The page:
JACKSONVILLE, Fla. (AP) – They sprouted like yellow flowers early Wednesday in front of Memorial Hospital Jacksonville, planted there by nurses, doctors and staff to remember the past year’s battles against COVID-19.
The Flags of Hope, some in bright sun while others flapped in shadowy morning breezes, were there to remember the tears and exhaustion they lived with as the COVID-19 pandemic impacted Jacksonville and the world.
But for all the memories of those treated at the University Boulevard hospital since Jacksonville’s first pandemic patient arrived there almost 13 months ago, the flags became a symbolic healing gesture of letting go and looking forward.
Women Services Director Jill Bodden said she will never forget the new mothers who had to go into isolation due to the virus, “having babies by themselves” since no family could come in. But through the past year, the people she works with did their jobs despite a challenging and “very different” year, she said.
“It’s been a lot of different emotions, at first a lot of unknown, fear and anxiety,” Bodden said. “Then there was a lot of amazing teamwork and people coming together to meet the needs of that patient and their families who could not be with them.”
Nursing Services Director Adam Copher said it was very emotional to plant his flag.
“It brought back a lot of memories with the staff and the families we took care of,” he said. “We are all here together so we can continue to move forward with this pandemic and save lives.”
Memorial Hospital was the first Northeast Florida hospital to admit a COVID-19 patient back on March 11, 2020, officials said. Almost exactly 13 months later, Florida has recorded 34,434 deaths so far and 2,090,862 cases, according to the state Department of Health. That is part of the national tally of 30,847,926 people diagnosed, with 556,529 deaths, records show.
On April 15 of last year, Tlulu Potter was Memorial Hospital’s longest hospitalized COVID-19 virus survivor released to applause and cheers from almost 100 nurses, doctors and staff at the main entrance. The 69-year-old was one of about 3,000 people hospitalized in Florida with the virus in only the first few weeks of the pandemic.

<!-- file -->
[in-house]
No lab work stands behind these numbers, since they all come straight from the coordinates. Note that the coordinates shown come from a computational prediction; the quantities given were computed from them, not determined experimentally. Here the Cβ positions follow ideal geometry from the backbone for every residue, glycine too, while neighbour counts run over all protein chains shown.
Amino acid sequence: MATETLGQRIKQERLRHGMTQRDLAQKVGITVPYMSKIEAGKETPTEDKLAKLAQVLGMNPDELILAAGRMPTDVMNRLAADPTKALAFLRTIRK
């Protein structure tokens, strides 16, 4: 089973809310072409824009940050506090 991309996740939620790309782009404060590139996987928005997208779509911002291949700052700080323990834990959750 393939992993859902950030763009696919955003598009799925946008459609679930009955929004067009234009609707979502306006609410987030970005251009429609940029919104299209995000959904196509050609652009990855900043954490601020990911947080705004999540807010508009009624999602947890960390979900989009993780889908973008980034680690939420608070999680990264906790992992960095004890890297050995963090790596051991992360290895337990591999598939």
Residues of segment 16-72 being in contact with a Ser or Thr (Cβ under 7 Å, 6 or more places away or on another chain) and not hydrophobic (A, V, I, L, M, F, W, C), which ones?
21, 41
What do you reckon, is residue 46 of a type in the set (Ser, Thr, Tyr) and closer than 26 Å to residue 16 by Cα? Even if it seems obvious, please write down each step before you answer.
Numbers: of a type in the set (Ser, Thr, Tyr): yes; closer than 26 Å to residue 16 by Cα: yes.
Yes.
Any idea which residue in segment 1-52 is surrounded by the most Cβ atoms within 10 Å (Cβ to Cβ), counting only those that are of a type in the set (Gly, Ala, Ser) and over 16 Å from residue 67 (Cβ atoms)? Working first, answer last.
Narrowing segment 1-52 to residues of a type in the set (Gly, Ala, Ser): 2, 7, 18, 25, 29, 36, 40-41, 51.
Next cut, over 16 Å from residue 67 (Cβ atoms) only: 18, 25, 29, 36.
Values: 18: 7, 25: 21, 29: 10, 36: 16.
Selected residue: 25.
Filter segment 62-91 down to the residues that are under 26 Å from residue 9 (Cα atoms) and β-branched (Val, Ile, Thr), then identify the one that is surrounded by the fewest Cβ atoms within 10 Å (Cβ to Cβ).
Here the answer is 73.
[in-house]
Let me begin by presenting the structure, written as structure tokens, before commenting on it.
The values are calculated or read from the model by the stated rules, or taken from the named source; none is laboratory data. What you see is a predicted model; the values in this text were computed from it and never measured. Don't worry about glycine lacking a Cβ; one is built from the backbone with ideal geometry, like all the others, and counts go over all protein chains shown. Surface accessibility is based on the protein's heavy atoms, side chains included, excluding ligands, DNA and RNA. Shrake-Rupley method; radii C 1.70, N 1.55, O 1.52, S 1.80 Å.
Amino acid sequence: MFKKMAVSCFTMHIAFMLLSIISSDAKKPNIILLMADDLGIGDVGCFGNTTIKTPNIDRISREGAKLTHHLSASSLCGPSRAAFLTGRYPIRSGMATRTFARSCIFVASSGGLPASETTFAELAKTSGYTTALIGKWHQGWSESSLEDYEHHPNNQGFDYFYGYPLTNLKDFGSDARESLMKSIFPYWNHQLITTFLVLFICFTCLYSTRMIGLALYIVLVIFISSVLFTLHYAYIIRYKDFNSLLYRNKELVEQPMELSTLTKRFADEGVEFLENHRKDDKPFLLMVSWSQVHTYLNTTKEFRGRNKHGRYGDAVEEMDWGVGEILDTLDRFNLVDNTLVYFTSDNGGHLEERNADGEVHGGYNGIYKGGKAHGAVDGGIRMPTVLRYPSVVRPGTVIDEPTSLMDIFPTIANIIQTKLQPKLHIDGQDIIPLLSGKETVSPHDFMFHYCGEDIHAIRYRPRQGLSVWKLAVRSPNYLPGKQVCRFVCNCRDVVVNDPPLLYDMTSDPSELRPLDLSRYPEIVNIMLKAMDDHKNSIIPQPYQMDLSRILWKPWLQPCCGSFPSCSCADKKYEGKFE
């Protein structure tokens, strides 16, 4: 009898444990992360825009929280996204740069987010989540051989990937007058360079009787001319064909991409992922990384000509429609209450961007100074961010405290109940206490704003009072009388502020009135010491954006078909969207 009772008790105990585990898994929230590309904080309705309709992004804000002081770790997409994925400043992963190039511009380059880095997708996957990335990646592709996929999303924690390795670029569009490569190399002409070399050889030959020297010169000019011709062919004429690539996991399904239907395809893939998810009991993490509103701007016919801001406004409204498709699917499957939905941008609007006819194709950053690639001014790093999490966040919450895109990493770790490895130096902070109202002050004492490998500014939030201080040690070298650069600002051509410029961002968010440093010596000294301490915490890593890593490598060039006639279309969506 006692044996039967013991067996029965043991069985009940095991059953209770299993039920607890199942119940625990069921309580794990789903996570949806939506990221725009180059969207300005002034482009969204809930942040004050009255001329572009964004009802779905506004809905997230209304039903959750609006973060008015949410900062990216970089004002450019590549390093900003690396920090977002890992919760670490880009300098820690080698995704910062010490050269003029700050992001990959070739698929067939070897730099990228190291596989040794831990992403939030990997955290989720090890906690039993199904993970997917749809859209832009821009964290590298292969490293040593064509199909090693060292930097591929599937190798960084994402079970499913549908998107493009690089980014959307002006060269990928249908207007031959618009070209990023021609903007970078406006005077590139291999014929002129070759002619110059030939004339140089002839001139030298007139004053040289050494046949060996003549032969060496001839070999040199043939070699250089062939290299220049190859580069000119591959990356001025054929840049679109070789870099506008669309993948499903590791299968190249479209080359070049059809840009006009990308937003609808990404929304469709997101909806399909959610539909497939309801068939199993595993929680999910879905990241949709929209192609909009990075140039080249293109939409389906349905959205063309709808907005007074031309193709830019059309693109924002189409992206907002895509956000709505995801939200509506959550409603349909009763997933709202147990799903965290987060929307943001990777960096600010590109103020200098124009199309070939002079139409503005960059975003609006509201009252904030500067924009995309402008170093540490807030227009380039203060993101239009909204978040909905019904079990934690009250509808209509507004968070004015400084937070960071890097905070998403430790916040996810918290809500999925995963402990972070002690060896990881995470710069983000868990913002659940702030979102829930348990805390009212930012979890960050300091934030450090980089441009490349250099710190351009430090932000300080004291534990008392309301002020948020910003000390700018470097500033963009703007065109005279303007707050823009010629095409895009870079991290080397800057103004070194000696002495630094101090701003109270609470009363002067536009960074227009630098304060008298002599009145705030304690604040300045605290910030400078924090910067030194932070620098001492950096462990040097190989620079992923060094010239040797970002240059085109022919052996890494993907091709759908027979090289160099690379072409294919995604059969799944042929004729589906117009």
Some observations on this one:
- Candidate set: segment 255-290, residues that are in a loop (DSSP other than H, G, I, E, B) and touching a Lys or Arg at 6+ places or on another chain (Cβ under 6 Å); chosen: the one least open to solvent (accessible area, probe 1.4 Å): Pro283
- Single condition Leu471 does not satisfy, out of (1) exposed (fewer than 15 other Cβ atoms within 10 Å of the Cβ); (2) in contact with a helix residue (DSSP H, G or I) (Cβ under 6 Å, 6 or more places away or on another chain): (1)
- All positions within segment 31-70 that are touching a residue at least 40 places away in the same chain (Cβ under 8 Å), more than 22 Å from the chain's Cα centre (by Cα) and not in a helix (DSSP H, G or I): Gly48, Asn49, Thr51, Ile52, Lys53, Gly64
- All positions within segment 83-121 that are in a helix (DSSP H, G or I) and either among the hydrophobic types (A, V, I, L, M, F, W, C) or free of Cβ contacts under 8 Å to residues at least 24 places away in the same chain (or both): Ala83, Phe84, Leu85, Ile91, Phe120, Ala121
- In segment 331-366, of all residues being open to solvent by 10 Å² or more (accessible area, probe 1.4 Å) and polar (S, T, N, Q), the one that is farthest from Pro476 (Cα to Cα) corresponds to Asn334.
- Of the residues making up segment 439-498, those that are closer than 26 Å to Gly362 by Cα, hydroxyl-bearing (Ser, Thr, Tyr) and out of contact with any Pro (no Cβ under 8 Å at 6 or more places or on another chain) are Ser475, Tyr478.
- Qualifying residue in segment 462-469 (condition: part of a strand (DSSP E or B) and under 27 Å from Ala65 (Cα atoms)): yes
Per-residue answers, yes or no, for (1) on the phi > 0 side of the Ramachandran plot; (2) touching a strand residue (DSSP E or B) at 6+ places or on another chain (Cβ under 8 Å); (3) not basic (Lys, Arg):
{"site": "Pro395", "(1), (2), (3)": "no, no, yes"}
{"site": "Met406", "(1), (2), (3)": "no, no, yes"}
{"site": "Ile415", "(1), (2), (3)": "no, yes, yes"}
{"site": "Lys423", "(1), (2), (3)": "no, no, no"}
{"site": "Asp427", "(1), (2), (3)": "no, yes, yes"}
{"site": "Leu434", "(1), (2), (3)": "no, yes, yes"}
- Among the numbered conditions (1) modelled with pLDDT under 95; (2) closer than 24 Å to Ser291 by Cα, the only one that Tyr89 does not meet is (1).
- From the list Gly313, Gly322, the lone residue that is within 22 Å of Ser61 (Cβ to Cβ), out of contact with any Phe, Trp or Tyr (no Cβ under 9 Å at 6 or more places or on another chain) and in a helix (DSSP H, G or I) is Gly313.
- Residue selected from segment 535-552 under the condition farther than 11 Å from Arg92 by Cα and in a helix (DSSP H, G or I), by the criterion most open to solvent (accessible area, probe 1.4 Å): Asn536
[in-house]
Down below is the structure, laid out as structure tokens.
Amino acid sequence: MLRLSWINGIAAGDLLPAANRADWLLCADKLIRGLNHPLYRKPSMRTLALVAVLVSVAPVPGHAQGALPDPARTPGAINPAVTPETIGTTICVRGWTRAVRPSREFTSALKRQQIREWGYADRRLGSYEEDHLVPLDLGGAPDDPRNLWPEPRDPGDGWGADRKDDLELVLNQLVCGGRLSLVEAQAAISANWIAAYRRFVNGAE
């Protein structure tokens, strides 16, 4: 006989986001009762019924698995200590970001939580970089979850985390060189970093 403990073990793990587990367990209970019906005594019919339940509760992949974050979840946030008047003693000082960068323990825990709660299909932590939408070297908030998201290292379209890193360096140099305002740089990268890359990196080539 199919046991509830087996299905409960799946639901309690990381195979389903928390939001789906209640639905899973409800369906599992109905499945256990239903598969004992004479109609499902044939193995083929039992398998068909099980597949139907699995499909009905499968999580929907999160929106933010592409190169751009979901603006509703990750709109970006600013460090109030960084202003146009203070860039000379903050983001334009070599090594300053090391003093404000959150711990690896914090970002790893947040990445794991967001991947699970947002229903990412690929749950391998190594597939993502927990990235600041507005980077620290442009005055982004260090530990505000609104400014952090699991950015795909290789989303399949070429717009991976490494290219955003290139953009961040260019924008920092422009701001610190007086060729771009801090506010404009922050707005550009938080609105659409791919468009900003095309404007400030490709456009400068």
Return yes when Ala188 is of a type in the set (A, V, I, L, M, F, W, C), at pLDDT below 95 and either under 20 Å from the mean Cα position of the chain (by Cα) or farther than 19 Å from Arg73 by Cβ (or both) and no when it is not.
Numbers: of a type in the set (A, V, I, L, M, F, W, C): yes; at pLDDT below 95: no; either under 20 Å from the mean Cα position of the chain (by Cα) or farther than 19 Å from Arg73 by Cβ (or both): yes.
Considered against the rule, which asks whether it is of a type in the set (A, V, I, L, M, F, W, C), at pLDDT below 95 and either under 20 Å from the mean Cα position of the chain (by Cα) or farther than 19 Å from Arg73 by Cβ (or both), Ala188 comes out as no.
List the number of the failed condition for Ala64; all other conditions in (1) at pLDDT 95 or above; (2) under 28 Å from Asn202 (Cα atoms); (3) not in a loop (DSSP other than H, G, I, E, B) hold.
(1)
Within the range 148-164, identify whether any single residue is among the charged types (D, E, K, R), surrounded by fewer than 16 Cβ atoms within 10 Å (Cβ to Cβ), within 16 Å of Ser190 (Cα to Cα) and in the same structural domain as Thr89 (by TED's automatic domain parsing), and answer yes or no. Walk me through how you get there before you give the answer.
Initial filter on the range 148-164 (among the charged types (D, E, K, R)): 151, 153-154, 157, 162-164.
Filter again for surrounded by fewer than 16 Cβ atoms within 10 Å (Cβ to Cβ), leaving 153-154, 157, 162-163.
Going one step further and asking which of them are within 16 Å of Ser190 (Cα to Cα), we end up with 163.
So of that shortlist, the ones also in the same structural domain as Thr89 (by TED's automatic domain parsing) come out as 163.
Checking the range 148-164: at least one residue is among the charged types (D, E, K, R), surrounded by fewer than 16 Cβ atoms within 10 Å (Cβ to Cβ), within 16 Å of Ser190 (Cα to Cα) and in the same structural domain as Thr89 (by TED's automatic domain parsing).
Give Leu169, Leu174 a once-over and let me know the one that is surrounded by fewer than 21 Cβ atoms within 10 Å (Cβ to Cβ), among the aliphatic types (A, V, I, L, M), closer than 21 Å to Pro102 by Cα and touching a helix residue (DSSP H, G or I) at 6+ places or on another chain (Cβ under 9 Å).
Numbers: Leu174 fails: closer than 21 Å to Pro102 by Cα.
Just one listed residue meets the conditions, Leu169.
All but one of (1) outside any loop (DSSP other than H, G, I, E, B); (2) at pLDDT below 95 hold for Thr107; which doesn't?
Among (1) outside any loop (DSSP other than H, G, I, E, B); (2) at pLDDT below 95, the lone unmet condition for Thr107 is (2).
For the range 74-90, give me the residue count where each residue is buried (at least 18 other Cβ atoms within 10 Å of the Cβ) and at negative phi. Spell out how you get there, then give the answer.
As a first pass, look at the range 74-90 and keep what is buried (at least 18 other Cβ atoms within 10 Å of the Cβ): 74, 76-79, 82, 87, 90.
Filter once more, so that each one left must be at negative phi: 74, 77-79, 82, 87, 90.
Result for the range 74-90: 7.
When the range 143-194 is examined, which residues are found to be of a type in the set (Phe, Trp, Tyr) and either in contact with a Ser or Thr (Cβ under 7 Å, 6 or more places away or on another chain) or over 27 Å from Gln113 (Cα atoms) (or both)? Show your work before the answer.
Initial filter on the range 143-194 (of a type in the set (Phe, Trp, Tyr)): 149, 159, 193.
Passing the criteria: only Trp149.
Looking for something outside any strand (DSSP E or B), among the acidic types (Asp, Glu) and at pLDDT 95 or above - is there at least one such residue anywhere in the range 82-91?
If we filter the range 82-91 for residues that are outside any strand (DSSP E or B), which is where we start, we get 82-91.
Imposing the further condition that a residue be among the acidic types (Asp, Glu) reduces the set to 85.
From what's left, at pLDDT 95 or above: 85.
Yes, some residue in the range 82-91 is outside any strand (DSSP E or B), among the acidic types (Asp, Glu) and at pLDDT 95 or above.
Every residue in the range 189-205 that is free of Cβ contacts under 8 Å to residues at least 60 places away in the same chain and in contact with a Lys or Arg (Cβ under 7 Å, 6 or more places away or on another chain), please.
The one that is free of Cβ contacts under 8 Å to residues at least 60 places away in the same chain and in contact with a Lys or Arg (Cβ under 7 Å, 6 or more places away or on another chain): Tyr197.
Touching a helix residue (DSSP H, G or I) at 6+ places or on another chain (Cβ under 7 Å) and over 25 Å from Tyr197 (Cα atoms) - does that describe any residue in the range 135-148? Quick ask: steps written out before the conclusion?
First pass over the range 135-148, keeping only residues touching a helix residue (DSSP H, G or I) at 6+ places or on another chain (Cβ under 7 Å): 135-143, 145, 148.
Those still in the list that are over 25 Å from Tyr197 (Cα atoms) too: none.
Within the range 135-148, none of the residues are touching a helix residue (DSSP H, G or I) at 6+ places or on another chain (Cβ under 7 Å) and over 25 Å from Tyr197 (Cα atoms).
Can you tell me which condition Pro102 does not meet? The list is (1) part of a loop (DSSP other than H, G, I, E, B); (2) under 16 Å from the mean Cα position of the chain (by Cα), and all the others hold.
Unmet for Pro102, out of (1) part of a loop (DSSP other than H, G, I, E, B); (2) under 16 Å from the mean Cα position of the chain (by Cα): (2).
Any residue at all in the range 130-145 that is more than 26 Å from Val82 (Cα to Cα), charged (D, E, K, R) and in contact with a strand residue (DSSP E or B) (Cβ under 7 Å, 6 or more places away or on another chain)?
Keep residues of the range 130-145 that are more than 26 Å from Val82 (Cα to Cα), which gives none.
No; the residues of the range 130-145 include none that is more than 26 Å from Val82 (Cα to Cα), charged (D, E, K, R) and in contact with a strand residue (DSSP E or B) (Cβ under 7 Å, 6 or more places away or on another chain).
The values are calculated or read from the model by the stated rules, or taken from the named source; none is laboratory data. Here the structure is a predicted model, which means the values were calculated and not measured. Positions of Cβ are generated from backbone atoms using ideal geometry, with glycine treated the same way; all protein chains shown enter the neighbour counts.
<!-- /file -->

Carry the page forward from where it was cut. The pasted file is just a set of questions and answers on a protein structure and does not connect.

When she was released, she gave a triumphant yell of “Thank you, thank God! I’m free” through her mask, saying “Everybody here, they helped and I am healed, and I thank you!”
Many there on Wednesday remembered Potter as nurses in scrubs lined up with doctors in lab coats and administrators in dress clothes to pluck one of 500 yellow flags from planting pots, then push it into the grass.
Calling it an “unprecedented year” for front-line health care workers, Assistant Chief Nursing Officer Megan Koorn said the commemoration gives staff some healing.
“This is a chance for all of us to look back in remembrance of the survivors of one of the toughest years in history and to plant a yellow flag that will represent not only the remembrance, but moving forward as the sun shines to brightly fill us with hope,” she said.
For Ethel Imperial-Strickland, the hospital’s heart valve clinic coordinator, planting her flag meant recognizing everyone’s effforts.
“This is going to be remembered for the rest of our lives,” she said. “It was very challenging, not just for us but the whole community. We had to adjust and do things differently. Even if you didn’t like what we had to do, we had to do it to make sure everybody’s safe.”
Watching his staff with the flags after he did his, Chief Medical Officer Albert Holt IV said it is a great way to remember what everyone went through and look forward to a world with vaccinations against the virus.
“It is a good time to take pause and remember all the things people have gone through and all the things that staff have done in support of patients, their families and friends,” Holt said. “It’s tough for everyone, tough for us who experienced it as caregivers, and it’s tough for families.”
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